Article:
.. contents:: :local:
A variant form of Fortran's primary looping construct was added to the Fortran 2008 language standard with the apparent intent of enabling more effective automatic parallel execution of code written in the standard language without the use of non-standard directives. Spelled
DO CONCURRENT, the construct takes a rectilinear iteration space specification like
FORALL and allows us to write a multidimensional loop nest construct with a single
DO CONCURRENT statement and a single terminating
END DO statement.
Within the body of a
DO CONCURRENT loop the program must respect a long list of restrictions on its use of Fortran language features. Actions that obviously can‘t be executed in parallel or that don’t allow all iterations to execute are prohibited. These include:
EXIT, and any
CYCLEthat leaves the construct.
DEALLOCATEof a coarray.
In return for accepting these restrictions, a
DO CONCURRENT might compile into code that exploits the parallel features of the target machine to run the iterations of the
DO CONCURRENT construct. One needn't necessarily require OpenACC or OpenMP directives.
But it turns out that these rules, though necessary for safe parallel execution, are not sufficient. One may write conforming
DO CONCURRENT constructs that cannot be safely parallelized by a compiler; worse, one may write conforming
DO CONCURRENT constructs whose parallelizability a compiler cannot determine even in principle -- forcing a conforming compiler to assume the worst and generate sequential code.
The Fortran language standard does not actually define
DO CONCURRENT as a concurrent construct, or even as a construct that imposes sufficient requirements on the programmer to allow for parallel execution.
DO CONCURRENT is instead defined as executing the iterations of the loop in some arbitrary order (see subclause 126.96.36.199.3 paragraph 3).
DO CONCURRENT construct cannot modify an object in one iteration and expect to be able to read it in another, or read it in one before it gets modified by another -- there's no way to synchronize inter-iteration communication with critical sections or atomics.
But a conforming
DO CONCURRENT construct can modify an object in multiple iterations of the loop so long as its only reads from that object after having modified it earler in the same iteration. (See 188.8.131.52 paragraph 4 for the details.)
DO CONCURRENT (J=1:N) TMP = A(J) + B(J) C(J) = TMP END DO ! And TMP is undefined afterwards
The scalar variable
TMP is used in this loop in a way that conforms to the standard, as every use of
TMP follows a definition that appears earlier in the same iteration.
The idea, of course, is that a parallelizing compiler isn't required to use the same word of memory to hold the value of
TMP; for parallel execution,
TMP can be localized. This means that the loop can be internally rewritten as if it had been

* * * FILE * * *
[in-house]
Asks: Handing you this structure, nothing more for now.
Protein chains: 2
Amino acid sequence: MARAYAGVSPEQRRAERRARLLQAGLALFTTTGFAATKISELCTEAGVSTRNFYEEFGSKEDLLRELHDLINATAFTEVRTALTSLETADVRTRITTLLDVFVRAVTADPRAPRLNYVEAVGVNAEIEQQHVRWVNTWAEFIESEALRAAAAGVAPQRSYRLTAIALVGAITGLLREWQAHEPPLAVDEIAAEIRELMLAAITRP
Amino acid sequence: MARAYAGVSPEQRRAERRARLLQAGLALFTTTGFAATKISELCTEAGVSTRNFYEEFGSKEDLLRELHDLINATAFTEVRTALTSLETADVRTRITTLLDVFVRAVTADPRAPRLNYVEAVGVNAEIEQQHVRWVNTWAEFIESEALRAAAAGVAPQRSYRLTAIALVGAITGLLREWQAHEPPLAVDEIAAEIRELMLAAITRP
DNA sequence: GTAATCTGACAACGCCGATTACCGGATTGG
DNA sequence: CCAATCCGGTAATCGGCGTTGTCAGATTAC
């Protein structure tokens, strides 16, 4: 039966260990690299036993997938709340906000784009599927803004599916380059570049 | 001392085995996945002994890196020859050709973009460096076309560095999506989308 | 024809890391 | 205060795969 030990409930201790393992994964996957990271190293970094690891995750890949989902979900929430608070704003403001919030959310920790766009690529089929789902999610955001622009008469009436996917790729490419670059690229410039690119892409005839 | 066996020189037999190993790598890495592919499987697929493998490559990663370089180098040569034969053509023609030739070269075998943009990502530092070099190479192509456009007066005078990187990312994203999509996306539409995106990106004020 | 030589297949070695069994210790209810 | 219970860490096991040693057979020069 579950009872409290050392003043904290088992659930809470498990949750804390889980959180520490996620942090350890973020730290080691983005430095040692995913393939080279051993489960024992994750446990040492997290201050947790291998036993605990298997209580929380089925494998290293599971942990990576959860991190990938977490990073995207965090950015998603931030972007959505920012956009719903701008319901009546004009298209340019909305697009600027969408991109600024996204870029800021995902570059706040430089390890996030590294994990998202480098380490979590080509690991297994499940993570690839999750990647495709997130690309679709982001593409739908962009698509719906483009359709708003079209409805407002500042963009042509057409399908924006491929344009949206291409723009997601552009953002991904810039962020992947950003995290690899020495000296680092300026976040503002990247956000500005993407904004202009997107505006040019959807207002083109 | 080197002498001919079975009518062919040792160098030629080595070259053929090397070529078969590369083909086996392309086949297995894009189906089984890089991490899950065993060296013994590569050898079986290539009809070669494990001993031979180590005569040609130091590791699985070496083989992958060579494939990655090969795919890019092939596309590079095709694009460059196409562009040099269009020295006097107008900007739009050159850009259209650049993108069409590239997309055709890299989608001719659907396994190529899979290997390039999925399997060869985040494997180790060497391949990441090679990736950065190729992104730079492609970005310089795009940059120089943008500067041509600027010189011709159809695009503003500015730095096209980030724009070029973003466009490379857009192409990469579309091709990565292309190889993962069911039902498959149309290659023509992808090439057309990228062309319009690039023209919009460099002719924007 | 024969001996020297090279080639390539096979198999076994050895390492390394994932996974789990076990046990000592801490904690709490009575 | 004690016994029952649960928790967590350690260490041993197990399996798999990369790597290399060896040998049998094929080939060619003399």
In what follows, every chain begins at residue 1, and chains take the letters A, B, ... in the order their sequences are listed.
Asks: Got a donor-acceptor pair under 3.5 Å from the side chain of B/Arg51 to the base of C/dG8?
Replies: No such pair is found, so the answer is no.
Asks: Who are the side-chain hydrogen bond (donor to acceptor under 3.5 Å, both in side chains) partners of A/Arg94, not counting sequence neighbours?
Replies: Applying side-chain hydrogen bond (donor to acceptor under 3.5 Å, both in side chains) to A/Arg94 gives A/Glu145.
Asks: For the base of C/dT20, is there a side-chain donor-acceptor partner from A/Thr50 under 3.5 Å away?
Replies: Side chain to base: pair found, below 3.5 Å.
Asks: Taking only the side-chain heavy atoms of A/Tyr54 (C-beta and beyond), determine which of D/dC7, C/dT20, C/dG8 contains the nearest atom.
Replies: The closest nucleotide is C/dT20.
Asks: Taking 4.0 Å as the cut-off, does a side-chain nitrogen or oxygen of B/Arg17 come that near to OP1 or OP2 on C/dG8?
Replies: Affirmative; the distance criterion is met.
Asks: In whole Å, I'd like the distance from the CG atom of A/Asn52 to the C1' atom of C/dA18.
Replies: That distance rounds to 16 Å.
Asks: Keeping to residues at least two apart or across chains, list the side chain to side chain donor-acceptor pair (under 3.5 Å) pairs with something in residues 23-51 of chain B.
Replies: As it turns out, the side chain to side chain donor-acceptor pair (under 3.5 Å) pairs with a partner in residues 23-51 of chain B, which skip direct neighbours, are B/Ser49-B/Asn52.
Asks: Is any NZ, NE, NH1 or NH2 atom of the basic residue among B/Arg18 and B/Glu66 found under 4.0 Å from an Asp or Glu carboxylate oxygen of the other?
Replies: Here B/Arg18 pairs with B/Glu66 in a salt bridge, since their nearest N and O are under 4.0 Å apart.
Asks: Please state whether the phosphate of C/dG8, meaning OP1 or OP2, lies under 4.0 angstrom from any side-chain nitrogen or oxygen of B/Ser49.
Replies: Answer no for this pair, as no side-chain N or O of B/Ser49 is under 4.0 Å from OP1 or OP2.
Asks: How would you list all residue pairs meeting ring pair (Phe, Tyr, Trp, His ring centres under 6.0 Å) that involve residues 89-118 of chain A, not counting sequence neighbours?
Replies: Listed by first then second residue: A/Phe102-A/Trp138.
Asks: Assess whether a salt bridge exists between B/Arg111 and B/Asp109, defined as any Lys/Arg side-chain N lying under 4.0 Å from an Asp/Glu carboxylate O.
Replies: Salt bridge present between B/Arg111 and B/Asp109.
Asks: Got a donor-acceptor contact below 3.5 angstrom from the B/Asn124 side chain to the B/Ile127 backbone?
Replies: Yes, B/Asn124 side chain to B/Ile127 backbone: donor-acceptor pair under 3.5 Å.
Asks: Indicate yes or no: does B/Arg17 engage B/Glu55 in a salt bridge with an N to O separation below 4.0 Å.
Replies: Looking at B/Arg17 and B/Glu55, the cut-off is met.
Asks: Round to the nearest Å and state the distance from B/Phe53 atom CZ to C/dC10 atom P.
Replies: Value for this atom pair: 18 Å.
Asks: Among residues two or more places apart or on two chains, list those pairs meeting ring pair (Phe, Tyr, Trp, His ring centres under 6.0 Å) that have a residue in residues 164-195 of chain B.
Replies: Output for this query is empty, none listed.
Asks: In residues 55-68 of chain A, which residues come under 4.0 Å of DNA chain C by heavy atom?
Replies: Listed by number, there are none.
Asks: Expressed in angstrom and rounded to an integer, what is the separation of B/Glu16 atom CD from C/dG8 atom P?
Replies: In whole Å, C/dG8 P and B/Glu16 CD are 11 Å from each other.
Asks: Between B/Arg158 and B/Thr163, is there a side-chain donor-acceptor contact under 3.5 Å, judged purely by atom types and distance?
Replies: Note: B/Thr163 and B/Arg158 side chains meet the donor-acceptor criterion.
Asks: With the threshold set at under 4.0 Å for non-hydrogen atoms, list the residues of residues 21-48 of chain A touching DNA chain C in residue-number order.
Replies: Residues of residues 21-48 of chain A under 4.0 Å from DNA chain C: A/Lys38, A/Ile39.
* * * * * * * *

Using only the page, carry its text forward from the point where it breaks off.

DO CONCURRENT (J=1:N) BLOCK REAL :: TMP TMP = A(J) + B(J) C(J) = TMP END BLOCK END DO
and thus any risk of data flow between the iterations is removed.
The automatic localization rules of
DO CONCURRENT that allow usage like
TMP above are not limited to simple local scalar variables. They also apply to arbitrary variables, and thus may apply in cases that a compiler cannot determine exactly due to the presence of indexing, indirection, and interprocedural data flow.
Let's see why this turns out to be a problem.
DO CONCURRENT (J=1:N) T(IX(J)) = A(J) + B(J) C(J) = T(IY(J)) END DO
This loop conforms to the standard language if, whenever
IY(J') for any distinct pair of iterations
J', then the load must be reading a value stored earlier in the same iteration -- so
IX(J')==IY(J'), and hence
IX(J)==IX(J') too, in this example. Otherwise, a load in one iteration might depend on a store in another.
When all values of
IX(J) are distinct, and the program conforms to the restrictions of
DO CONCURRENT, a compiler can parallelize the construct easily without applying localization to
T(...). And when some values of
IX(J) are duplicates, a compiler can parallelize the loop by forwarding the stored value to the load in those iterations. But at compilation time, there‘s no way to distinguish these cases in general, and a conservative implementation has to assume the worst and run the loop’s iterations serially. (Or compare
IY(J) at runtime and forward the stored value conditionally, which adds overhead and becomes quickly impractical in loops with multiple loads and stores.)
TYPE :: T REAL, POINTER :: P END TYPE TYPE(T) :: T1(N), T2(N) DO CONCURRENT (J=1:N) T1(J)%P = A(J) + B(J) C(J) = T2(J)%P END DO
we have the same kind of ambiguity from the compiler's perspective. Are the targets of the pointers used for the stores all distinct from the targets of the pointers used for the loads? The programmer may know that they are so, but a compiler cannot; and there is no syntax by which one can stipulate that they are so.
Here's another case:
MODULE M REAL :: T END MODULE ... USE M INTERFACE PURE REAL FUNCTION F(X) REAL, INTENT(IN) :: X END FUNCTION END INTERFACE DO CONCURRENT (J=1:N) T = A(J) + B(J) D(J) = F(A(J)) + T END DO
T is obviously meant to be localized. However, a compiler can‘t be sure that the pure function
F doesn’t read from
T; if it does, there wouldn't be a practical way to convey the localized copy to it.
In summary, standard Fortran defines